In addition, selling local is a boon to farmers, and is necessary to their survival. When a farmer’s goods make their way to a supermarket, that farmer makes only 19 cents per every $1 of goods sold. That’s because the other 81 cents pays the distributors, the processors, the marketers and others in the process chain. When a farmer sells his fruit and vegetables locally, nearly the entire $1 is profit.

This small margin of profit, particularly in commodity crops, is why farms must be so large to survive," said Jeffrey Dorfman, professor of agriculture and economics at UGA.

However, in order to sell locally, farmers must have customers, and when farming on a small scale, they can’t compete penny for penny with supermarkets. Farmers’ market and u-pick operations are helpful, as are community supported agriculture operations, where a resident can order a box of produce from a farm every month. Depending on what’s in season, the resident will have a variety of different produce every month. Several Oxford residents receive monthly vegetables from a CSA farm in Walnut Grove in Walton County.

These are all effective, but they’re can’t guarantee the stability of a contract with a restaurant or school. These are the two avenues that local farmers are still trying to break into. The largest barriers remain cost, but being able to buy sufficient amounts of products is also troubling for restaurants and schools.

A local farmer at the talks said the Decatur City School System had approached him about supplying milk to them. He told them he couldn’t compete on prices, but he said the system said it had set aside money specifically to buy local. In addition, another attendee said Jasper and Putnam counties’ school systems were contracting to purchase strawberries locally.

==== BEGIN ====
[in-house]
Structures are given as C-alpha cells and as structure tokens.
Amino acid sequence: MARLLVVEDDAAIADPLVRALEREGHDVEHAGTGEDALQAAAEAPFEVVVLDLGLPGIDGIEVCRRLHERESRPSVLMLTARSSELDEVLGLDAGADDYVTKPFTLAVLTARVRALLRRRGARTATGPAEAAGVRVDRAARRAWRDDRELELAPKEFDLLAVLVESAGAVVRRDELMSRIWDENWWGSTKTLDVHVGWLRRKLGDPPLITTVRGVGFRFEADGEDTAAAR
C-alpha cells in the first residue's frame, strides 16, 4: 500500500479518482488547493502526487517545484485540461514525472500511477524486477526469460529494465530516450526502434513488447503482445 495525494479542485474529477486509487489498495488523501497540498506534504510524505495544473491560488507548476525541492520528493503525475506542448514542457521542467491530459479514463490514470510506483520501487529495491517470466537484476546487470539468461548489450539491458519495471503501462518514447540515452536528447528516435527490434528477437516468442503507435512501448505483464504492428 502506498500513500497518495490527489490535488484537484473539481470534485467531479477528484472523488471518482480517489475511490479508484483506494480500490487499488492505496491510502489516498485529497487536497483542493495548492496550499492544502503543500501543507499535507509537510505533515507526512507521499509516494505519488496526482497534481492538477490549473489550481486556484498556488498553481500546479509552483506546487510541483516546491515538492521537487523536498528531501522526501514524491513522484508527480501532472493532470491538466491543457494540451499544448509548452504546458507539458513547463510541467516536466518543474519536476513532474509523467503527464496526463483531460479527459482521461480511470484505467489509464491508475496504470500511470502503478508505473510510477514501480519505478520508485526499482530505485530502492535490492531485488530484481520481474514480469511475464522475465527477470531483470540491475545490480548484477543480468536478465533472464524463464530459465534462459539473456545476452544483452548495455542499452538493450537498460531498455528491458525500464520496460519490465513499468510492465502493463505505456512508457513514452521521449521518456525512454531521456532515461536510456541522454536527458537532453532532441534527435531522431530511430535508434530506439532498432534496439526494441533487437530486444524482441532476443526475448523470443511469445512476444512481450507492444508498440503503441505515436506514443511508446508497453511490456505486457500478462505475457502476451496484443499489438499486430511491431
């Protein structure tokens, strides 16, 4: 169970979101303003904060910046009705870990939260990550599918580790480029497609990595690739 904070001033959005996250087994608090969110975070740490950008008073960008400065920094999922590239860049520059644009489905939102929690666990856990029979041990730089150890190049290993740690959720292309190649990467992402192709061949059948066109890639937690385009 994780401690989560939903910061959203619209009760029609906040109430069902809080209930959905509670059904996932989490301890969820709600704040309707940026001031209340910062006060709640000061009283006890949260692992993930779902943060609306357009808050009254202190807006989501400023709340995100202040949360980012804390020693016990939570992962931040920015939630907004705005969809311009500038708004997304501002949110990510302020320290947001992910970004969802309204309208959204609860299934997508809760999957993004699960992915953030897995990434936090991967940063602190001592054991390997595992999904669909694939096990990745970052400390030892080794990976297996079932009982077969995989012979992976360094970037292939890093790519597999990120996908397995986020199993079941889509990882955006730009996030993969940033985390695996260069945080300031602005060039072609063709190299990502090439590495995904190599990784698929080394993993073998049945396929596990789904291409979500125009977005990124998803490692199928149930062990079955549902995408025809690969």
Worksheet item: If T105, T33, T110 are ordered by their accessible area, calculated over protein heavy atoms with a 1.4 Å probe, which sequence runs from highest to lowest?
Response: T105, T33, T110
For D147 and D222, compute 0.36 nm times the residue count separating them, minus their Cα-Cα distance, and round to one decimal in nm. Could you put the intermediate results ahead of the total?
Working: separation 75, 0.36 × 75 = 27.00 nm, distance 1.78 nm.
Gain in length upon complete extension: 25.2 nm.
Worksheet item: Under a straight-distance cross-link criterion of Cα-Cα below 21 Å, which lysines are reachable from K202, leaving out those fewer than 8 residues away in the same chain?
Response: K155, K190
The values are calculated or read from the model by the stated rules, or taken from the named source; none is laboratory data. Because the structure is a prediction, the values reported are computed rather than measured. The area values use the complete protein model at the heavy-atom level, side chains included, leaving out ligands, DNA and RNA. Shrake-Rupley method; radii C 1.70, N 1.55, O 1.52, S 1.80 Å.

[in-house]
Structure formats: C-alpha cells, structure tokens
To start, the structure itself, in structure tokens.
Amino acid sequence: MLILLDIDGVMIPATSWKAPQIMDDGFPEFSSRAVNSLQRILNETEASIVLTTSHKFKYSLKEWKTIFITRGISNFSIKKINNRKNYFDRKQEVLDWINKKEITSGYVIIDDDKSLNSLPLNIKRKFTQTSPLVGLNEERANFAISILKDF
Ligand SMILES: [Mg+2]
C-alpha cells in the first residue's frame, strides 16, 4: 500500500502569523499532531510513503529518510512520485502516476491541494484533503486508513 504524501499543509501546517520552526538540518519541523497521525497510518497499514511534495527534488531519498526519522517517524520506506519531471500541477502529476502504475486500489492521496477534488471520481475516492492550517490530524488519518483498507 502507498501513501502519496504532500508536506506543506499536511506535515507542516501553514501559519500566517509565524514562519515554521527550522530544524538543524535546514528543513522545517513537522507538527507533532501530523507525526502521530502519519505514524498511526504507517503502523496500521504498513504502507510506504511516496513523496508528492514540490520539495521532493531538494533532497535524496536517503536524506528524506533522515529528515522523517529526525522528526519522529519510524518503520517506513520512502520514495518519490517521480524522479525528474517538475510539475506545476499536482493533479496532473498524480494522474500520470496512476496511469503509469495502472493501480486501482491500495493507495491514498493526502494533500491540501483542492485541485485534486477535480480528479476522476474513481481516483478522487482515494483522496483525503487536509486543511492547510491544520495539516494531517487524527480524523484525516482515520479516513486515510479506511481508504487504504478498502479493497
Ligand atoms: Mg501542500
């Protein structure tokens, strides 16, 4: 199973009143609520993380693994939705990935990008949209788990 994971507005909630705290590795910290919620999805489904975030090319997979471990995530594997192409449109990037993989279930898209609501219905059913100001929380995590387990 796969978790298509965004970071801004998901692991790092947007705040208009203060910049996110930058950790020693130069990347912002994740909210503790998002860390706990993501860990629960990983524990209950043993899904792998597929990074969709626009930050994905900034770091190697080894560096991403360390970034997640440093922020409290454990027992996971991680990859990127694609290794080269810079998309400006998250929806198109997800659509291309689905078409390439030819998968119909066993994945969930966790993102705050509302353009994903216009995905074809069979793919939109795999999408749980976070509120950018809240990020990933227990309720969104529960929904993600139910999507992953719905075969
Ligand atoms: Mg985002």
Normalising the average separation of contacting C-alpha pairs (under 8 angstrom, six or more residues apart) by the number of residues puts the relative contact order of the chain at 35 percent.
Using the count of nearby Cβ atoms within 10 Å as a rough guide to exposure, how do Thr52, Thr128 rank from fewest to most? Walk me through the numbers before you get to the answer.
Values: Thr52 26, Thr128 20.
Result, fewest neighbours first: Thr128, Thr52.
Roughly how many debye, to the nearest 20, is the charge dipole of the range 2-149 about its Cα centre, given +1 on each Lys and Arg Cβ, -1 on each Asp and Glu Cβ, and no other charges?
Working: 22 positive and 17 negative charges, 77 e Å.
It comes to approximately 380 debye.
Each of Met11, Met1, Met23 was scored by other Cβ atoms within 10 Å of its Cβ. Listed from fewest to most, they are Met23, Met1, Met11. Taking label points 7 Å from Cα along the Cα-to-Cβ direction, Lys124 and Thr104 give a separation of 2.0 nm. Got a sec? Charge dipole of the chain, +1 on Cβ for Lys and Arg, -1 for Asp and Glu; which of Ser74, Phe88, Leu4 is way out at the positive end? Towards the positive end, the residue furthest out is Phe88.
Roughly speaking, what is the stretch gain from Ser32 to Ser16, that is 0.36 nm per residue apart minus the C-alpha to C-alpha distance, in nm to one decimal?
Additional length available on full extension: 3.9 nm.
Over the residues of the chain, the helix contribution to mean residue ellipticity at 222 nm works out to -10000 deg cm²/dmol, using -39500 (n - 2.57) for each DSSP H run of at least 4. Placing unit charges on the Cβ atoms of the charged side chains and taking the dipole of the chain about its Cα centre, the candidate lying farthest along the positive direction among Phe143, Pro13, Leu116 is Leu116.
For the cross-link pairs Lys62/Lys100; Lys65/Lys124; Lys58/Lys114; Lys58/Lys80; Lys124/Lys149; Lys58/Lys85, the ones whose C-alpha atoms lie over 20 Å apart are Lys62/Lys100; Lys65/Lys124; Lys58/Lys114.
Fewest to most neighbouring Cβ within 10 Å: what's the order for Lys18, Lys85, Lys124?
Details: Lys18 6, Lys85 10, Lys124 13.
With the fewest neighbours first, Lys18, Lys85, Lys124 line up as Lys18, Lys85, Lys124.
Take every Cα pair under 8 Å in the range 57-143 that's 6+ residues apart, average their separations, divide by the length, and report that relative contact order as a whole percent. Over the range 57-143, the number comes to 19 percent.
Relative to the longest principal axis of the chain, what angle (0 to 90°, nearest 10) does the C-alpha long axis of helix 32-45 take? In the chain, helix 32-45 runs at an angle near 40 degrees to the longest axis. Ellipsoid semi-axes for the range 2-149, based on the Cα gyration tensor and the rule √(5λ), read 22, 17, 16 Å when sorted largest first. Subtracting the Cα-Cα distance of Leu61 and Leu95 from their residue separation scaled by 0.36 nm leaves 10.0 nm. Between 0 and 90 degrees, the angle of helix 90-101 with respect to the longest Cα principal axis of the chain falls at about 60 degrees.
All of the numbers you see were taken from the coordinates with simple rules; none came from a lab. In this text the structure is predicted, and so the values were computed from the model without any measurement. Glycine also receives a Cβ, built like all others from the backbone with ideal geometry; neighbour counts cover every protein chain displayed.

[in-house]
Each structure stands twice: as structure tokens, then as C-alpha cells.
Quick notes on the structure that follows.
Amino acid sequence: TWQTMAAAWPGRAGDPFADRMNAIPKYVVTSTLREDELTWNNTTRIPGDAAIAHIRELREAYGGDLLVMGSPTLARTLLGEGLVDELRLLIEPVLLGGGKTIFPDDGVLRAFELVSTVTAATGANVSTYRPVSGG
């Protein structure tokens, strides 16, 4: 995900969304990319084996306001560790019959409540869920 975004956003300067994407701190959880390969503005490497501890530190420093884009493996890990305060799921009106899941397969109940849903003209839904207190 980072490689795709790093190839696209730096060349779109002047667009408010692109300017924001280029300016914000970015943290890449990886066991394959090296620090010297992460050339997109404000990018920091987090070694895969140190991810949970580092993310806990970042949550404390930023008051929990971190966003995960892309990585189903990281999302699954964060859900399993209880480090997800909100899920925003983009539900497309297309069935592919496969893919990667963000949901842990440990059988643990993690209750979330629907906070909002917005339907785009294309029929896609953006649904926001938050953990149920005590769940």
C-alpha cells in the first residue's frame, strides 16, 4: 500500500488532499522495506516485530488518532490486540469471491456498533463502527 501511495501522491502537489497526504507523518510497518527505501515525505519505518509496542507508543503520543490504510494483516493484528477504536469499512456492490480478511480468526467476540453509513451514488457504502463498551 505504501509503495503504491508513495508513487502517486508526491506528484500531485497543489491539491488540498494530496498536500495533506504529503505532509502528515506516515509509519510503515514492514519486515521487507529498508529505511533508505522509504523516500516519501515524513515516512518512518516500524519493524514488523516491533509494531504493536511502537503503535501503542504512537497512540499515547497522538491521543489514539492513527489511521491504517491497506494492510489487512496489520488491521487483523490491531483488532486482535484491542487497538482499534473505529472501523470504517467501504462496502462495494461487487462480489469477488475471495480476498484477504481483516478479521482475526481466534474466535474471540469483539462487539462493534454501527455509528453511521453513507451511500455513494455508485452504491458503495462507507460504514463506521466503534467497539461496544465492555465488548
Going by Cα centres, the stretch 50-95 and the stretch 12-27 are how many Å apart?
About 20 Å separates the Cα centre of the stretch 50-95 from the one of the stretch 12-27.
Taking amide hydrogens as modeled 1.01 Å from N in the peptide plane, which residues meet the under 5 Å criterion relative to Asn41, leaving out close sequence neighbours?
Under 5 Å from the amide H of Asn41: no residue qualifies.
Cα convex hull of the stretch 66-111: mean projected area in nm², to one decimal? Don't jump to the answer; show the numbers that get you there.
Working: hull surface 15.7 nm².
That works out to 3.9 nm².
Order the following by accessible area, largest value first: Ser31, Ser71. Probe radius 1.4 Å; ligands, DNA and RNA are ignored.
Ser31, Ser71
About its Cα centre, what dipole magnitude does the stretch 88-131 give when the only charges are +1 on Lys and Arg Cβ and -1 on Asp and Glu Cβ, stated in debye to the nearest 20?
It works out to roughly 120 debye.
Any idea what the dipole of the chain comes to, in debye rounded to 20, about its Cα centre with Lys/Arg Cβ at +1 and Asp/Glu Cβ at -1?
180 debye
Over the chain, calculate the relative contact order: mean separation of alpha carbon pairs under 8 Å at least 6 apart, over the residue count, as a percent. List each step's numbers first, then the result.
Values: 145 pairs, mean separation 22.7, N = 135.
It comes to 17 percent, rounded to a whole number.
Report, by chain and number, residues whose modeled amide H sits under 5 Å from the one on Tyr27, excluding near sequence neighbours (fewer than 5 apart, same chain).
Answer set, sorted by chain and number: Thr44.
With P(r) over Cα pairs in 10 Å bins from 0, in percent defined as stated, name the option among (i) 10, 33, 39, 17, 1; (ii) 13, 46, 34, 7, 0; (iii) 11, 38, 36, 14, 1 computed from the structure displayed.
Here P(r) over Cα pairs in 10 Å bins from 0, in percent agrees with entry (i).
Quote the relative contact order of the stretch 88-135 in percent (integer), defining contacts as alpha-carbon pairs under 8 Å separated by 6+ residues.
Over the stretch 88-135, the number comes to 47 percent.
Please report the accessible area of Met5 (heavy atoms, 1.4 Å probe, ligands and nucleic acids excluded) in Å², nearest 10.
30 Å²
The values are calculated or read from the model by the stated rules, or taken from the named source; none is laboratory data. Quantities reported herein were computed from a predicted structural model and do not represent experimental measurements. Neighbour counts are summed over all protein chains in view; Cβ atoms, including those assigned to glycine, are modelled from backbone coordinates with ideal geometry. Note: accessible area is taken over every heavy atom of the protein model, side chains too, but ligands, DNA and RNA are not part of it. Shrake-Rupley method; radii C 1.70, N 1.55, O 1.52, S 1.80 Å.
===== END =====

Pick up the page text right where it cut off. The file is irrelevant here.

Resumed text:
Some restaurants are buying locally, but most of those are in Atlanta, as well as specialty supermarkets, said local organic farmer Corey Mosser, who runs a fairly new farm at Burge Plantation.

Rolls suggested that local farms need to from co-ops in order to meet production needs and also form relationships with business owners and local school officials, like nutritionists.

However, there may not be enough farmers if counties don’t take steps to protect agriculture land. Newton County’s 2050 growth plan specifically outlines measures to protect agriculture land. Dorfman said farms are important, because similar to industries and other businesses, they cost less to service, than they pay to counties in taxes.

"If all the farmland is converted into residential property, then either the government will be broke or government will have to raise taxes a lot," Dorfman said.

For a world and county that’s going to have to find a way to double food production during the next 30 to 40 years, that would be a troubling proposition. If residents are willing to pay an extra dollar or two for a pound of local tomatoes and other produce, they may be able to stem the tide.

"I believe that quality of life is even more important to youth than amassing a fortune. I hope more people will start small farms to sustain themselves," said Sandy Morehouse, owner of Burge Plantation and its new organic farm. He said he hoped the future may see more people telecommuting and working from home and being able to go out and garden every day.

For more information on how to support local agriculture, contact Smart Growth Newton County by visiting and The Center for Community Preservation and Planning by calling (770) 788-0484 or going to 2104 Washington St. in Covington.